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06 April 2011 @ 11:10 am
Process of an Illustration - Stage 1: Initial lines and color blocking  
As I wrap up the production files for the print version of Dicebox: Book 1 : Wander, I've decided to share my current art process to compensate for sporadic page updates. This'll specifically follow me making a stand alone illustration, but a lot of the steps hold true for how I approach comics.

The piece in question is the art for the cover spread for the Asides, those fill-in comics that I was lucky enough to have folks gift me when I needed a break from Dicebox. As you might have noticed, I don't really have fill-ins anymore; my impetus for doing them was initially due to me being on a subscription site, Girlamatic and I figured paying customers deserved regularly scheduled entertainment. I continued to have them after leaving Girlamatic as that was the current expectation of a webcomics audience. Nowadays, with the general acceptance of RSS feeds and social media as aggregators, folks are more forgiving of a fumbled update (even if I am not). Also, I don't intend to take that much time off during parts anymore and I'm certainly not planning to have another kid.

Anyway, let's begin:



Click above image for slightly larger view.



Above is Stage 0, the rough sketch of an idea. This is a pretty elaborate rough sketch for me, but as this started life a cover concept for Book 1 and–though I liked the potential of the illustration– was iffy about it as a cover. So I sent it around to the usual suspects for feedback and got confirmation that it was a nice idea for a picture, but not a cover. It was during this process that I had the epiphany that it was actually the Asides cover spread in the print edition of Book 1 (silly me).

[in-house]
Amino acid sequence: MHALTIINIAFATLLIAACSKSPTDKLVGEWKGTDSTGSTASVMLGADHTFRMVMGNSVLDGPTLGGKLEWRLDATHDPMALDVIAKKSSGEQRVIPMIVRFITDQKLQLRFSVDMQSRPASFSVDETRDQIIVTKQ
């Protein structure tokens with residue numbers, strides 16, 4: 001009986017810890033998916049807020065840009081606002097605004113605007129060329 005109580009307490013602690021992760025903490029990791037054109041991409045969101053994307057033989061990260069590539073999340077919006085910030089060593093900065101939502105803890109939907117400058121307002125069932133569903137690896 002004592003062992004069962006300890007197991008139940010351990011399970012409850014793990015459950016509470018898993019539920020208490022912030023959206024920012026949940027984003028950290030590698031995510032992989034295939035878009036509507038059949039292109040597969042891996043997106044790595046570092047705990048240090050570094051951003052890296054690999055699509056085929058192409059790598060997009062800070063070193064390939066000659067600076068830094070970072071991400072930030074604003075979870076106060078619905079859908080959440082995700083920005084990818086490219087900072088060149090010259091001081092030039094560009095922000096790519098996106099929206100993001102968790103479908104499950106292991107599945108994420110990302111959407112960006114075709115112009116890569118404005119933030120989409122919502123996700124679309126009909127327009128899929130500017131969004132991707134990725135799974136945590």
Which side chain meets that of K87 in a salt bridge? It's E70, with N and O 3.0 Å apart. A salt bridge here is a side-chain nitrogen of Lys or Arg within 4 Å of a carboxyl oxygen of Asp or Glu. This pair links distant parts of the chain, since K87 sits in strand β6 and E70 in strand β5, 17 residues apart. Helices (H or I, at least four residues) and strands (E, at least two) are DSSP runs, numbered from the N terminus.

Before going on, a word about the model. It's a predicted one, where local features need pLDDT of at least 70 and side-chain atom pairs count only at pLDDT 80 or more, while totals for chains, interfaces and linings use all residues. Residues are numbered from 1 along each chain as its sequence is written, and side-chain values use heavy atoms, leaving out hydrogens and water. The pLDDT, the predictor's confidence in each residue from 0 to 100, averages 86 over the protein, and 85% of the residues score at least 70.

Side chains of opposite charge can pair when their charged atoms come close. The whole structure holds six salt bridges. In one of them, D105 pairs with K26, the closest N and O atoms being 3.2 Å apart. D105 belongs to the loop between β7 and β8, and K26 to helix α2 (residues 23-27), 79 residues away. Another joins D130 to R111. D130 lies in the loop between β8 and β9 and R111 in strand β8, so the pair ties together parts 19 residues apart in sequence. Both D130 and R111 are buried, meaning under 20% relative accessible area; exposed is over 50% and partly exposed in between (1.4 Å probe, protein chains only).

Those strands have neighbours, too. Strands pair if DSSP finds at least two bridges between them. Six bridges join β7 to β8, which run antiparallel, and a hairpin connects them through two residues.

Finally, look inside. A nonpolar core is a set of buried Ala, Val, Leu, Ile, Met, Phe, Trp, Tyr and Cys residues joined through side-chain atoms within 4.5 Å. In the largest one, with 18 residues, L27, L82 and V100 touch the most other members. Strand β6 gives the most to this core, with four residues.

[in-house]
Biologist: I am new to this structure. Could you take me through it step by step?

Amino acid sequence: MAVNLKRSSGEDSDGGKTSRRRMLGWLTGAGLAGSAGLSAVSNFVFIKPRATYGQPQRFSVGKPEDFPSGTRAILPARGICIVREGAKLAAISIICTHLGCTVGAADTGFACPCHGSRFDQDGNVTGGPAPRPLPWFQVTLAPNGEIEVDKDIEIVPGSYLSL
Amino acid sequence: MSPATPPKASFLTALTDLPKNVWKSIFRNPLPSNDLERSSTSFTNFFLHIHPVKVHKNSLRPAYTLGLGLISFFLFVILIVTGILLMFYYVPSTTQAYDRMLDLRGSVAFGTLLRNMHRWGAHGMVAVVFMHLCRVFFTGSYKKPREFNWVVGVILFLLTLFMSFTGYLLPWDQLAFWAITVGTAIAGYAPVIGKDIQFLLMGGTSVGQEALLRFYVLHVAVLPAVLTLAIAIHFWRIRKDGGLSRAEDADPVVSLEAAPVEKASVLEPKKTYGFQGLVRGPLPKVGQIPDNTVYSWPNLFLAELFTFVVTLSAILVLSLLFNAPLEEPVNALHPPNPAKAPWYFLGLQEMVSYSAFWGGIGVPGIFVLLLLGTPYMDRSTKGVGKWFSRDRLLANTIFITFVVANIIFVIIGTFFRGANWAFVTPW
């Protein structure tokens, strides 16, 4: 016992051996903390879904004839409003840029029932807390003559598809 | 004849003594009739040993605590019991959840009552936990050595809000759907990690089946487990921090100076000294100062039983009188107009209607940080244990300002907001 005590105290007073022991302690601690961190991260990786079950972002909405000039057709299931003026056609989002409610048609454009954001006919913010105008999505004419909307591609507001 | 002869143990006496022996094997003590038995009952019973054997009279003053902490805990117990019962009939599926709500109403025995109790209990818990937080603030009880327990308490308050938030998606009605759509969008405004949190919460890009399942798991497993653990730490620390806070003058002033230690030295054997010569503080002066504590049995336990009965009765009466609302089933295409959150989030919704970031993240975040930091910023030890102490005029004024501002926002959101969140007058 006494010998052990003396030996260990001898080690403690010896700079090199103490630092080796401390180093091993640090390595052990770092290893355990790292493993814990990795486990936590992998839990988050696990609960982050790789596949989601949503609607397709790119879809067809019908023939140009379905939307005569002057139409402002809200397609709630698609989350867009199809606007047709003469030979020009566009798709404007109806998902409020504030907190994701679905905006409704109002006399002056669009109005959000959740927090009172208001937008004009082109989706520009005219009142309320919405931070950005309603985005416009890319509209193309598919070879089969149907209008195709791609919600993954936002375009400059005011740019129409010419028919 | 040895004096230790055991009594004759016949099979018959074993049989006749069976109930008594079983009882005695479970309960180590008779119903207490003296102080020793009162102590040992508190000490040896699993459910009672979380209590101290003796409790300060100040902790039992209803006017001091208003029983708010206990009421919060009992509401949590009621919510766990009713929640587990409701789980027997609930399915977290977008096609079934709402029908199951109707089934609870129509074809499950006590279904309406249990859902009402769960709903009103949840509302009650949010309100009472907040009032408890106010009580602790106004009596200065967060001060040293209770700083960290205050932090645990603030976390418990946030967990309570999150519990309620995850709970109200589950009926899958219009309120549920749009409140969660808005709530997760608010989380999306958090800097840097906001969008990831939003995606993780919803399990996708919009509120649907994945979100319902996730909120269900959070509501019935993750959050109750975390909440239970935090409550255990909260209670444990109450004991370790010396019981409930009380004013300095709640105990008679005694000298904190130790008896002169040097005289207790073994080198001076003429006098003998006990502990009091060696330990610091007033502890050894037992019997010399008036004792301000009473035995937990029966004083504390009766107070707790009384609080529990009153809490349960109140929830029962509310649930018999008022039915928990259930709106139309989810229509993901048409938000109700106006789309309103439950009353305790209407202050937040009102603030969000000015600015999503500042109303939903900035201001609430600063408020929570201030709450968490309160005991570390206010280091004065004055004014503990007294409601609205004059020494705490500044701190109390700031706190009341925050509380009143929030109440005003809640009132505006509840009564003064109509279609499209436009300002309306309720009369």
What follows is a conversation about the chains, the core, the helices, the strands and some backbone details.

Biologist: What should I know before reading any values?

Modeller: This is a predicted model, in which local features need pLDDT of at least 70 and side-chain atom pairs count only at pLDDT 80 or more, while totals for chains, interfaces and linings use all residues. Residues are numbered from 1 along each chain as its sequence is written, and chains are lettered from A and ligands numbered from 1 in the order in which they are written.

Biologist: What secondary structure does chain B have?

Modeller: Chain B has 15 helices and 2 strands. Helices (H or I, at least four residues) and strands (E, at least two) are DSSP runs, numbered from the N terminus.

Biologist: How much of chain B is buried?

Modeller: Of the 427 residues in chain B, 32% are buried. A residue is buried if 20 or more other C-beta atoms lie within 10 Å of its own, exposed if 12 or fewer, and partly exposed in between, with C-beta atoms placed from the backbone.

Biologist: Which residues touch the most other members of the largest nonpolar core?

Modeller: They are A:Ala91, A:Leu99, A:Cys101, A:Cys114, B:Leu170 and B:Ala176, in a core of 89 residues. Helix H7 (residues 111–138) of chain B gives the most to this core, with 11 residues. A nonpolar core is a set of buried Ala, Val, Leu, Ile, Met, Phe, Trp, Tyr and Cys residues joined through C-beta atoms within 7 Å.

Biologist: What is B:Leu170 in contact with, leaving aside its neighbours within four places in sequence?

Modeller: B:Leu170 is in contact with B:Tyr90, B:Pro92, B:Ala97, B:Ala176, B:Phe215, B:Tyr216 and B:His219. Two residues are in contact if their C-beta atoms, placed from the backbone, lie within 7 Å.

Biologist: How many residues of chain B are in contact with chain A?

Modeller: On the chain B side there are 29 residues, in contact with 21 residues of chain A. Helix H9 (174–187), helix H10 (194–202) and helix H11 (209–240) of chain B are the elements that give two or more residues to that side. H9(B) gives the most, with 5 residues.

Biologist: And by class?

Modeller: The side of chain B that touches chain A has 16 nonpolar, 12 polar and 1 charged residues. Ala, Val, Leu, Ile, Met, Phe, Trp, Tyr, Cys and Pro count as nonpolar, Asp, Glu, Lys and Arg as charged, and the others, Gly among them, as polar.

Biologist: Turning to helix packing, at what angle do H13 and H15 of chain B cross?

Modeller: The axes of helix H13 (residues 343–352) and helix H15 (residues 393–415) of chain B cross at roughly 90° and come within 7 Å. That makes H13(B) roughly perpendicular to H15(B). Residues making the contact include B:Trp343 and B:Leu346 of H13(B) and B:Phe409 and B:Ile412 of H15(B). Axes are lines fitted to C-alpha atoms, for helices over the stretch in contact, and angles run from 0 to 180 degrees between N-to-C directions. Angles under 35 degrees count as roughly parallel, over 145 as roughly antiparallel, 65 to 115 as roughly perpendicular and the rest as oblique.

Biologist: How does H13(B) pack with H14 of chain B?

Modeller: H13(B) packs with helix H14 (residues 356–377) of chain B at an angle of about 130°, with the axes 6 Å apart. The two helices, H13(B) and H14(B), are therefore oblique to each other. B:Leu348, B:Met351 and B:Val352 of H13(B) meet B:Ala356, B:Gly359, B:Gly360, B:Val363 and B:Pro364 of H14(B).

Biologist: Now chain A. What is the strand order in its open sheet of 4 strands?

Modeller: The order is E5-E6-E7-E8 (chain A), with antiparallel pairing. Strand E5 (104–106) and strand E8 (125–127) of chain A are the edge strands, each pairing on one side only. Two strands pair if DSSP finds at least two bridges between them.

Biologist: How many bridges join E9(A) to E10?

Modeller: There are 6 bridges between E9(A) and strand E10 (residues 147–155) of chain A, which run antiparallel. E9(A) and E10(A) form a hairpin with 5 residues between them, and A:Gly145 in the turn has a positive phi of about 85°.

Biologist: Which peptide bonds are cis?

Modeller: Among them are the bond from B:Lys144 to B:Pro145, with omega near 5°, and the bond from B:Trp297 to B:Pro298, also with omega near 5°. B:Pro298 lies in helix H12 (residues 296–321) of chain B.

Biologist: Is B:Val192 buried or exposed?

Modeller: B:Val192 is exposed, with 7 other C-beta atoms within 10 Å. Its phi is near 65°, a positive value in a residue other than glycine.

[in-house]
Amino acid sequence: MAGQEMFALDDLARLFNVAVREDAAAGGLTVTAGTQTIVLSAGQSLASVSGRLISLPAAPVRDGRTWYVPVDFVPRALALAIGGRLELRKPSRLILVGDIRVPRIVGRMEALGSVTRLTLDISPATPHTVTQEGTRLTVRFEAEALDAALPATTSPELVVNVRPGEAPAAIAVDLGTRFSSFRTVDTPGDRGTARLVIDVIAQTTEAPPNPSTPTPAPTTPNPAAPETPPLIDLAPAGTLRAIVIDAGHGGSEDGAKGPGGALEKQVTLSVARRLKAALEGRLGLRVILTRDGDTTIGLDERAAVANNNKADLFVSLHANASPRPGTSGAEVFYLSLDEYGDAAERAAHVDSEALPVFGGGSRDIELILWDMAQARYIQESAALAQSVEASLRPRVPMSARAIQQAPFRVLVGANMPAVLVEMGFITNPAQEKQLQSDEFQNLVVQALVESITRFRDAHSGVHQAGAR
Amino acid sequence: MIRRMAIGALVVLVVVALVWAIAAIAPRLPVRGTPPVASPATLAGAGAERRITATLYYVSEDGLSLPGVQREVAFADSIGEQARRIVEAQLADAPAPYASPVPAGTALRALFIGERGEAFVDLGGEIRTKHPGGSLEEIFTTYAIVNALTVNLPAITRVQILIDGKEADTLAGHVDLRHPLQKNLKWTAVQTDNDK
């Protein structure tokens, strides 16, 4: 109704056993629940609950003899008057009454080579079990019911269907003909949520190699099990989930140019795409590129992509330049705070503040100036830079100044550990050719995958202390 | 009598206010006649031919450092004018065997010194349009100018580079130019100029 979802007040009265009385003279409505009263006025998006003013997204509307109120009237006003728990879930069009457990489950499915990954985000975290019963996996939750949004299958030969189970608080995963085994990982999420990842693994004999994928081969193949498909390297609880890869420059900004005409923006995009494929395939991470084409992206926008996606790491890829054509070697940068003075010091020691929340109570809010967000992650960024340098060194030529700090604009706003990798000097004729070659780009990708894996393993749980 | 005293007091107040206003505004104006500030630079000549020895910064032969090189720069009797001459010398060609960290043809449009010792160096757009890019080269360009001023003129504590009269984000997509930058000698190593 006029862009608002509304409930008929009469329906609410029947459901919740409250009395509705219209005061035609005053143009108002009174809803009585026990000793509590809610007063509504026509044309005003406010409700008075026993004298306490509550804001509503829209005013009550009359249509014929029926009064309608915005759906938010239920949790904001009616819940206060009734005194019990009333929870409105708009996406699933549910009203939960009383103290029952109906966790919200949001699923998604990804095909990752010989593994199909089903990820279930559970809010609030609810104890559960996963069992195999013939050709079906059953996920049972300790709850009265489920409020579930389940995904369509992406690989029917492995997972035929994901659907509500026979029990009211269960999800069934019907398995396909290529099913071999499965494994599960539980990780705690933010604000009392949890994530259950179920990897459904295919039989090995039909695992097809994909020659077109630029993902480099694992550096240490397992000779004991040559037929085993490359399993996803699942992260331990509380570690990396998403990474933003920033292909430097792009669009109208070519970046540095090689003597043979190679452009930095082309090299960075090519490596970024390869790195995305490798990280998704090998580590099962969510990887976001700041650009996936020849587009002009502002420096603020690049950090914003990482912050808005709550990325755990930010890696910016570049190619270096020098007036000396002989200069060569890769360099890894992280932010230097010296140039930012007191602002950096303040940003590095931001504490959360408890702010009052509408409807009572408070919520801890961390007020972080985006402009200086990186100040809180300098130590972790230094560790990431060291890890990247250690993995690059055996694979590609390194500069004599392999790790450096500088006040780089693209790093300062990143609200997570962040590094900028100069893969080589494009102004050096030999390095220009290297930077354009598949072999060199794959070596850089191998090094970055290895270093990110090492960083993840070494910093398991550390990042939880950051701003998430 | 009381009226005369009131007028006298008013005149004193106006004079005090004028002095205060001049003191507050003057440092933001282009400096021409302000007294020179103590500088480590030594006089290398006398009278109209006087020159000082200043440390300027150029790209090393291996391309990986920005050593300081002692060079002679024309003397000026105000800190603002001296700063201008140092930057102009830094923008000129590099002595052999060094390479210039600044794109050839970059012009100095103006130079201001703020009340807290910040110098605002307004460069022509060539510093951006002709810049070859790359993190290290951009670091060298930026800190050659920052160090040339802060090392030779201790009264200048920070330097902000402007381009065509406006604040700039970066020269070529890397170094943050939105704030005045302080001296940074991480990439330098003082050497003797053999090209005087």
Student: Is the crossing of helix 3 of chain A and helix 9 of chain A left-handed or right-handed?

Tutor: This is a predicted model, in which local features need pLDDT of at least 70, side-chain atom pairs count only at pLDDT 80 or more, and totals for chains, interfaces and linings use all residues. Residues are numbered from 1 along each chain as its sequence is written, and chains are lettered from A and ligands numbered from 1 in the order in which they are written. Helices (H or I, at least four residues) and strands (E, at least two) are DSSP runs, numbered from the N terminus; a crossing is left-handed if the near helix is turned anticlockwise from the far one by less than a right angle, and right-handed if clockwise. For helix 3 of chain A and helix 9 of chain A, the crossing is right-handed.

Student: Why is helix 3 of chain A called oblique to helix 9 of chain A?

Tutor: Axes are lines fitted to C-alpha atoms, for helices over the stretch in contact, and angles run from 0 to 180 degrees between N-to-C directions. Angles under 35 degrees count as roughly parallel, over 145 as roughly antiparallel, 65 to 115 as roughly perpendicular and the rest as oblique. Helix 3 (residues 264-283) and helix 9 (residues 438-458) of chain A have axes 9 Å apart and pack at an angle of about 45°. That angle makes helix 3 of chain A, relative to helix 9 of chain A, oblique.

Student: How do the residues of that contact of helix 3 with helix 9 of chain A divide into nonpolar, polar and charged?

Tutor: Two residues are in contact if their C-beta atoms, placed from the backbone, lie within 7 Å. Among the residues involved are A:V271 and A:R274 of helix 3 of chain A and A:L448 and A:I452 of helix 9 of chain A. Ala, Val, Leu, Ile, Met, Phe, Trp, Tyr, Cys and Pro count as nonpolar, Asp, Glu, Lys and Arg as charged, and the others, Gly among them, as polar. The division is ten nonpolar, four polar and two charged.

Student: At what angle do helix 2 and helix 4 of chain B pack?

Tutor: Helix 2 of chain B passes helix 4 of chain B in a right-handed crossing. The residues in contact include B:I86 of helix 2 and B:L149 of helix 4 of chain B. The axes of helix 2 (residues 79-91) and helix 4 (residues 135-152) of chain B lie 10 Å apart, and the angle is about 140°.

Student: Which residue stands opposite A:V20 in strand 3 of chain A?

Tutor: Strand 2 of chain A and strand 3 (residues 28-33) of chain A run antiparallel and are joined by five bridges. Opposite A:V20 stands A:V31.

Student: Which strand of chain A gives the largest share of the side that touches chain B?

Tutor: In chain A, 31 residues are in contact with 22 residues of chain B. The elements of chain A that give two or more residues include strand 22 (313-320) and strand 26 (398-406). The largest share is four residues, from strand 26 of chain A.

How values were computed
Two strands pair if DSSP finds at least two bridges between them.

The entertaining white gap running vertically in the middle is me realizing the bed was too short and hence extending it.



Click above image for slightly larger view.



In Stage 1 you see the beginnings of final line art and initial color blocking. It's common for me to take the line art to a nearly finished point and then block in the basic color shapes so I can see how the basic composite is shaping up and to help me spot any drawing problems. The rougher line art indicates what wasn't working for me and where I started to extend it vertically.

Also, obviously, I've flopped the drawing. I actually liked it better this way from the get go and as I want to put the title and intro paragraph on the right hand page, it was a win-win situation.

This illustration is actually beyond this point in refinement, but not quite at Stage 2: Final line art and initial rendering. Which'll be my next entry here in a few days.